The American Civil War in 3D

[Centreville, Va. Stone church during the Civil War] (LOC)

It’s the 150th anniversary of the American Civil War tomorrow and to mark the occassion The Library of Congress has published a very special batch of 3D photographs, commemorating the start of the Civil War in 1861.

The start of the American Civil War in 1861 coincided with a surge in stereo photography—a technique that makes it possible to see photos with three-dimensional depth. Through a special viewer, a pair of images combines into a single 3D scene. (Or, you can “freeview” by crossing your eyes!)
Civil War – 3D Viewing set description

The 3D photographs in the Civil War – 3D Viewing set are digital anaglyphs made from original stereograph photos. Stereographs are typically images created by a camera with two lenses exposing the same object at slightly different angles. Please take a moment to dig out your snazzy 3D glasses, the experience is really worth it!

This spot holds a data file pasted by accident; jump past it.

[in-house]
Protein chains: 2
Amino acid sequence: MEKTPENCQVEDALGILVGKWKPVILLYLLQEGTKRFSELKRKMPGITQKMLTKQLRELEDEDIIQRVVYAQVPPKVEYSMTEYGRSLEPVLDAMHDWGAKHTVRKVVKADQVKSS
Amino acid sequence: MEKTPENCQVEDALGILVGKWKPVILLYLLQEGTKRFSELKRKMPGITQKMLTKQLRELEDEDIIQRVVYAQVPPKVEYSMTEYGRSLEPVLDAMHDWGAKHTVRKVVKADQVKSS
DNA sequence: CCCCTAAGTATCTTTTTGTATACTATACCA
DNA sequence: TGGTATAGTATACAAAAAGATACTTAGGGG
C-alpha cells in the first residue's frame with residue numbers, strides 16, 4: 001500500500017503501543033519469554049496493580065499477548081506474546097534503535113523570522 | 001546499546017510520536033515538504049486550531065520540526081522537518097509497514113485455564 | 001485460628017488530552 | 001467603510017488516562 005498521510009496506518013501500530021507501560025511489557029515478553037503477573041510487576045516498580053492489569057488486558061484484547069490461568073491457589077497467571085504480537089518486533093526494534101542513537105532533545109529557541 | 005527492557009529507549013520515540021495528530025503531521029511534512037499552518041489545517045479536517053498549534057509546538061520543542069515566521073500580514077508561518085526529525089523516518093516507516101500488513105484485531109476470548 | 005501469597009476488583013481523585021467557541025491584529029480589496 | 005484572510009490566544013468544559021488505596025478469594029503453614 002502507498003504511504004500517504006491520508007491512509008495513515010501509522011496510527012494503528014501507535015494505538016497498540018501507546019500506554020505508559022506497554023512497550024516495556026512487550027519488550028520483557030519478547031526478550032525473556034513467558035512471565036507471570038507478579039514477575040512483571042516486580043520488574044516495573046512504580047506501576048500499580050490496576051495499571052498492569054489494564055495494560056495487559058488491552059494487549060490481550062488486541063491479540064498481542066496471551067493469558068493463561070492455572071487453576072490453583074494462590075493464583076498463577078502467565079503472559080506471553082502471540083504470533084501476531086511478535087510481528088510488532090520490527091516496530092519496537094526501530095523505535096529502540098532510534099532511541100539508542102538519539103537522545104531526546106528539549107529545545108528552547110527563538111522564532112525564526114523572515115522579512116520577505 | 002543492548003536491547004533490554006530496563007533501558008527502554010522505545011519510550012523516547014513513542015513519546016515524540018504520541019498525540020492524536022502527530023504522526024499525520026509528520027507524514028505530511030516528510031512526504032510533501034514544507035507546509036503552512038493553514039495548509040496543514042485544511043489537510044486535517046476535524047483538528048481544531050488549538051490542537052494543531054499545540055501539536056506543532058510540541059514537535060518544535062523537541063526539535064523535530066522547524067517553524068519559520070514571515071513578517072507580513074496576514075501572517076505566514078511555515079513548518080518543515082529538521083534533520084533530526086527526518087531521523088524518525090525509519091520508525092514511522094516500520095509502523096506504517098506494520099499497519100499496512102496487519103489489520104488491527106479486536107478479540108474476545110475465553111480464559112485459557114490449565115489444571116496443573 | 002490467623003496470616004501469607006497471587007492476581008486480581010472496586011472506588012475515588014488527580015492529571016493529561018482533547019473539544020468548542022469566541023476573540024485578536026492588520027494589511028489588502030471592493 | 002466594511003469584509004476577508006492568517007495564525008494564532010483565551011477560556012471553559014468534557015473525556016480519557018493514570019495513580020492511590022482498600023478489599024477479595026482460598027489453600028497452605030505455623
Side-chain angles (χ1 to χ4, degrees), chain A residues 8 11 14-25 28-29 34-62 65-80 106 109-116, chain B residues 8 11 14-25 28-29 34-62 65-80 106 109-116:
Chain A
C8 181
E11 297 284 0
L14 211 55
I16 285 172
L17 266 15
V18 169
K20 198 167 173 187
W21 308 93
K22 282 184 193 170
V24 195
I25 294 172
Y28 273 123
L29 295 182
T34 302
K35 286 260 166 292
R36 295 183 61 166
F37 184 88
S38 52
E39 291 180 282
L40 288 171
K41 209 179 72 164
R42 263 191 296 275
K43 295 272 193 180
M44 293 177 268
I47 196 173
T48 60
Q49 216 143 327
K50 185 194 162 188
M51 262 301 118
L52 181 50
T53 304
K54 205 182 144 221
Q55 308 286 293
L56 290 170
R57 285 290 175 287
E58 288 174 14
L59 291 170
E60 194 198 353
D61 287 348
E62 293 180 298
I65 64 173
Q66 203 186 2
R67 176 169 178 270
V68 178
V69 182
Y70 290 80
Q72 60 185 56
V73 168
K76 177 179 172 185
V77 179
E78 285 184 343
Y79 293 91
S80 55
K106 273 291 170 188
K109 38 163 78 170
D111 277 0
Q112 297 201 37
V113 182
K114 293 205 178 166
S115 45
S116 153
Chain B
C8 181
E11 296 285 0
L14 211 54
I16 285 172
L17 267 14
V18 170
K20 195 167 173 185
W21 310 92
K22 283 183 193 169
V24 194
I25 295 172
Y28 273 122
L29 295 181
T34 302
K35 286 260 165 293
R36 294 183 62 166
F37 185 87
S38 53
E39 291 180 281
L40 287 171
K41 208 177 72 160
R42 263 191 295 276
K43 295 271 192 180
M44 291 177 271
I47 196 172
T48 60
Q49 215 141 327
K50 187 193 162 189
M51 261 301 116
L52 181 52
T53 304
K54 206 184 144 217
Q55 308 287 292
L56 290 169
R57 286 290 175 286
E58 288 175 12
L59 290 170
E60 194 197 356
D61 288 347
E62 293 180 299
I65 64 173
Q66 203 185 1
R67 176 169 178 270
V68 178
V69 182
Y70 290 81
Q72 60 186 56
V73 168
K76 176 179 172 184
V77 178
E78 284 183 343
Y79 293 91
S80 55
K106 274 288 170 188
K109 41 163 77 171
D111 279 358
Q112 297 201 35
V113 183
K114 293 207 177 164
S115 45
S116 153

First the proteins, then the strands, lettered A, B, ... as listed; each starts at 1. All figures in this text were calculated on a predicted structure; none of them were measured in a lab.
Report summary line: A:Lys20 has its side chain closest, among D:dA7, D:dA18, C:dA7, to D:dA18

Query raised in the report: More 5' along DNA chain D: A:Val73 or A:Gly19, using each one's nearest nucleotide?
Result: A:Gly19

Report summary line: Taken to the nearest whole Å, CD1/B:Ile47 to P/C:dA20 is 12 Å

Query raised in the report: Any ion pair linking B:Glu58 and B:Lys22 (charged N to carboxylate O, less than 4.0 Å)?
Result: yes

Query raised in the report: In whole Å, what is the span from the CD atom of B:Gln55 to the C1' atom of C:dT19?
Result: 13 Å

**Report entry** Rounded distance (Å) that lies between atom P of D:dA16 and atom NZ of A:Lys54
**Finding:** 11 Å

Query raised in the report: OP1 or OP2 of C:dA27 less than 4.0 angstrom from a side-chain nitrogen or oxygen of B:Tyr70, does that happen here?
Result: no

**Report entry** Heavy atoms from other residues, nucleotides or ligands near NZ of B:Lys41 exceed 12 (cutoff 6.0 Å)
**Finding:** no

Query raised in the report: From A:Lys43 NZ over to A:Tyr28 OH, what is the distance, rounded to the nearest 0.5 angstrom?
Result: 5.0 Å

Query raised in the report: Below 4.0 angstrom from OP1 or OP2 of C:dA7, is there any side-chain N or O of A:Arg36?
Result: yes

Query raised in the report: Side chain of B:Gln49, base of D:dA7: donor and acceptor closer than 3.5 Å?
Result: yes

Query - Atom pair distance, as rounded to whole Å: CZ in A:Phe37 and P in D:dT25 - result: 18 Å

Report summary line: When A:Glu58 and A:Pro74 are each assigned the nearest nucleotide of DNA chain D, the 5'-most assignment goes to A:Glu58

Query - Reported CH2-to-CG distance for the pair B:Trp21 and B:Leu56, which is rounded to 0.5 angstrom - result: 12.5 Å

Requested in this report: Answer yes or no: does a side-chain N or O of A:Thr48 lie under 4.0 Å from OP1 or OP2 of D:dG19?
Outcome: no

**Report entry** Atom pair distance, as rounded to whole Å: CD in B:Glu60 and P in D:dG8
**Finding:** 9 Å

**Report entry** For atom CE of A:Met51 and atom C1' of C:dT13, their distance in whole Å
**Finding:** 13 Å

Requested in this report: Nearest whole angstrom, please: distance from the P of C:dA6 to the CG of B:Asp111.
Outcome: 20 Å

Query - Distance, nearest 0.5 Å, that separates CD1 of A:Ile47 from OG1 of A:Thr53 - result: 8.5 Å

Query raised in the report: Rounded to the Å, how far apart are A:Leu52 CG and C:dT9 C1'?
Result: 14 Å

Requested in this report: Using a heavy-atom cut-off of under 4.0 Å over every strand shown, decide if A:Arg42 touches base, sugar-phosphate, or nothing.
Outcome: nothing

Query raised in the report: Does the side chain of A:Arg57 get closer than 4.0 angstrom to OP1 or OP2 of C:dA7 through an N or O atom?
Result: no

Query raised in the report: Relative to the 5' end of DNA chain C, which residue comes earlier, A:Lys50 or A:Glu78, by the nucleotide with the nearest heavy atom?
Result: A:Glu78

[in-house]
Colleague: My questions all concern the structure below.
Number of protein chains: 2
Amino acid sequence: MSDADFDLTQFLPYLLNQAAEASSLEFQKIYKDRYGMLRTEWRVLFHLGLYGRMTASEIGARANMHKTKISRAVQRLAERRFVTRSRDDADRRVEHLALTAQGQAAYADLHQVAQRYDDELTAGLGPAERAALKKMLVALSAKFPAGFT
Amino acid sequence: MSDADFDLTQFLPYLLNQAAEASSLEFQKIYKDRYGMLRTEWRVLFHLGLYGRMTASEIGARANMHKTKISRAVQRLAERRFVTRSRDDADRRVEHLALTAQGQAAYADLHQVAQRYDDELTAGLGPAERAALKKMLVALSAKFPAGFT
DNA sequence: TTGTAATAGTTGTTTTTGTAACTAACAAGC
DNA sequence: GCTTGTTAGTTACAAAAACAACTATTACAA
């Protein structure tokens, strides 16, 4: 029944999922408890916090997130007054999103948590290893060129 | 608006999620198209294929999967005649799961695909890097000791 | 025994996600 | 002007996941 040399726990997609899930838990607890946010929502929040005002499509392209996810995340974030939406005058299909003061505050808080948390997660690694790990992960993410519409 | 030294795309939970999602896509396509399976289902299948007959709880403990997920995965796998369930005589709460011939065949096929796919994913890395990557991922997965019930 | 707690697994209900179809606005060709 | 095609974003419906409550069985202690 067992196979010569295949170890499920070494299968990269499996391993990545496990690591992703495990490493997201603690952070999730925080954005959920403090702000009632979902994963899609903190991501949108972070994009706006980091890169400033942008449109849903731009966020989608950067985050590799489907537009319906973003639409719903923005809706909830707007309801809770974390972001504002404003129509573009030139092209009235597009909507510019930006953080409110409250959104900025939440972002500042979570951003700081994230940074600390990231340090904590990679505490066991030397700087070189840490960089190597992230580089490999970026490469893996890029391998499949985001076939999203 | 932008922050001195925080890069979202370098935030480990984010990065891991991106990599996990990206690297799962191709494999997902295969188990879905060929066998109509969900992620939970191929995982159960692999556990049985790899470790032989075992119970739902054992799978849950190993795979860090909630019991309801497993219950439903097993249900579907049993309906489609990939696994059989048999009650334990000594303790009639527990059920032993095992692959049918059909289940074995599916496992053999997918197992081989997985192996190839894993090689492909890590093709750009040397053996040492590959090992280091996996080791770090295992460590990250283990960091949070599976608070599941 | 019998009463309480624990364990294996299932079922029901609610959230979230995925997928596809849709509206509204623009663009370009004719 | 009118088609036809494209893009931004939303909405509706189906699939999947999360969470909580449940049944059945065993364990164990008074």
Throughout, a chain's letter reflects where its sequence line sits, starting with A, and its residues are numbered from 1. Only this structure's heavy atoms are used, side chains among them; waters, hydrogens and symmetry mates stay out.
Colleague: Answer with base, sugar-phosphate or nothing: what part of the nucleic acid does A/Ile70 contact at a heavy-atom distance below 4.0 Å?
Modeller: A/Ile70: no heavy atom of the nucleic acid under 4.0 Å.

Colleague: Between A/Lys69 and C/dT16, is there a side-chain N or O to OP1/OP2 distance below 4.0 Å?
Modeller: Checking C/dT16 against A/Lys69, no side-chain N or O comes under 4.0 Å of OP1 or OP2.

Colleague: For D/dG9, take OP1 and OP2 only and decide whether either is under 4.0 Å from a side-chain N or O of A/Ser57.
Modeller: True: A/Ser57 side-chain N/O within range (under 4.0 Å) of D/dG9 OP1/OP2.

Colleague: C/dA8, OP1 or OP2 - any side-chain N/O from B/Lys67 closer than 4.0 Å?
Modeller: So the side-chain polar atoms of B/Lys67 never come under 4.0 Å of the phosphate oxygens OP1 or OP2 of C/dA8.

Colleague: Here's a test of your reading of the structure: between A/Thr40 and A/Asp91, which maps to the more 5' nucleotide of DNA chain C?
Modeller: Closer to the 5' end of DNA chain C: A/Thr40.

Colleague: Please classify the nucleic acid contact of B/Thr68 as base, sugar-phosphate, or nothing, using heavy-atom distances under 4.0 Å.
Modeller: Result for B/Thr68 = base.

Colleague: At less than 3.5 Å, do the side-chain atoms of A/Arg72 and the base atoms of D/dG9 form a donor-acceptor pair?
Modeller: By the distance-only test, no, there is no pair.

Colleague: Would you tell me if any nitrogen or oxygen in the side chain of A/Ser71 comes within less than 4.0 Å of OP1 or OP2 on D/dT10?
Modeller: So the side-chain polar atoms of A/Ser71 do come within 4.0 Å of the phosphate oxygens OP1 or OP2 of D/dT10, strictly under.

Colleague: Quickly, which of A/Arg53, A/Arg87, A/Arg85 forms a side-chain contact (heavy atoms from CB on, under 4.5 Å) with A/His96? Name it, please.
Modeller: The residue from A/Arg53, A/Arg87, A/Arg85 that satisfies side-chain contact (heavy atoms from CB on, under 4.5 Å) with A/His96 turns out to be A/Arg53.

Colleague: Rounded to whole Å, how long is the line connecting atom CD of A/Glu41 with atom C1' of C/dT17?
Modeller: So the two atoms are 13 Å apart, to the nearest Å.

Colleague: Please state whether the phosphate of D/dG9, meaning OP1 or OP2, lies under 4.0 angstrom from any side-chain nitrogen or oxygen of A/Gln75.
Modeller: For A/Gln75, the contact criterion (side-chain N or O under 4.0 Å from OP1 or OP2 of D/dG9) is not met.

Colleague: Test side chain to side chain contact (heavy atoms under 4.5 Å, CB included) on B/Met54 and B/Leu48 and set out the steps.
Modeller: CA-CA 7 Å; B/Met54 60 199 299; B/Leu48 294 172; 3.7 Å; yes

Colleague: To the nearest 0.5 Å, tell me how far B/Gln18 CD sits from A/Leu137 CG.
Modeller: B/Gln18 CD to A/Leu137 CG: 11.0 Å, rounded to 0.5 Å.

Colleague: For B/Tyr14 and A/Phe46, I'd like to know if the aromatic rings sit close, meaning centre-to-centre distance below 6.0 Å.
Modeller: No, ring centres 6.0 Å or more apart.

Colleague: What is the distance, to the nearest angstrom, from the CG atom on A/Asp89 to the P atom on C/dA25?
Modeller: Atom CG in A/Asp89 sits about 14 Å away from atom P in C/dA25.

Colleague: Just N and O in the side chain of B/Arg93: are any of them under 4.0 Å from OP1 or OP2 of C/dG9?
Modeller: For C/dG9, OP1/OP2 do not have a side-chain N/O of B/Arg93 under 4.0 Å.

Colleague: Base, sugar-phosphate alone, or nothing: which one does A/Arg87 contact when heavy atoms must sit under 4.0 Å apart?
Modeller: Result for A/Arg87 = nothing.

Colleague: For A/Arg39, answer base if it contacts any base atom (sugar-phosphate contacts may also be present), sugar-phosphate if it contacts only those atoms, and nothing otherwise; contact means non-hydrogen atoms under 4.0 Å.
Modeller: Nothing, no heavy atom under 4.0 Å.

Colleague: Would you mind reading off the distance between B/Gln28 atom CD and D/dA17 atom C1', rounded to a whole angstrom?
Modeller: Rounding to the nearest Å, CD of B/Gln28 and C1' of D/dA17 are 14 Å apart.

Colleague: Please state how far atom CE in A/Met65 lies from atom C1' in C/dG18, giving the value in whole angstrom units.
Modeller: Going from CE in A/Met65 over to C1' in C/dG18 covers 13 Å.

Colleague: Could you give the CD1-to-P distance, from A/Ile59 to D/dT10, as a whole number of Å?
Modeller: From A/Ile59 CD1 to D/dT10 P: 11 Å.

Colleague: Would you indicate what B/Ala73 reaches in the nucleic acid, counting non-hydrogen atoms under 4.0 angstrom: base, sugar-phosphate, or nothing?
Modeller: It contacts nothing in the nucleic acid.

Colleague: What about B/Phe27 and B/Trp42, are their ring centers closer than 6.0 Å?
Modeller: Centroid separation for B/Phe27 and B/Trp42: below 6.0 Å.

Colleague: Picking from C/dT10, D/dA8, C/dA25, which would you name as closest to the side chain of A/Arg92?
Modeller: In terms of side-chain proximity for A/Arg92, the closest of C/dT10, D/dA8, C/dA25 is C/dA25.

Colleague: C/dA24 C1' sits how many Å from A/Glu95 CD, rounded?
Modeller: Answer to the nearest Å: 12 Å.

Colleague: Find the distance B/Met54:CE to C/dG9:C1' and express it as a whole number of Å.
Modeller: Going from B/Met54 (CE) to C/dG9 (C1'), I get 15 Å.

[Massaponax Church, Va. "Council of War": Gen. Ulysses S. Grant examining map held by Gen. George G. Meade during the Civil War] (LOC)     [View from the Petersburg railroad depot, Richmond, Va., during the Civil War] (LOC)

[Berlin (now Brunswick), Md. Pontoon bridge and ruins of the stone bridge across the Potomac (destroyed in 1861)] (LOC)

[Yorktown, Va., vicinity. Topographical engineers, Camp Winfield Scott] (LOC)

Atlanta, Georgia, just after its capture (LOC)

We feel privileged that we can see the world from a 150 years ago through these astonishing treasures shared by the Library of Congress. It’s part of The Commons on Flickr, whose key goals are to help surface hidden treasures in the world’s public photography archives and show how your eyes and knowledge can make these collections even richer.

Photos from the Library of Congress.

Posted by Kay Kremerskothen
Permalink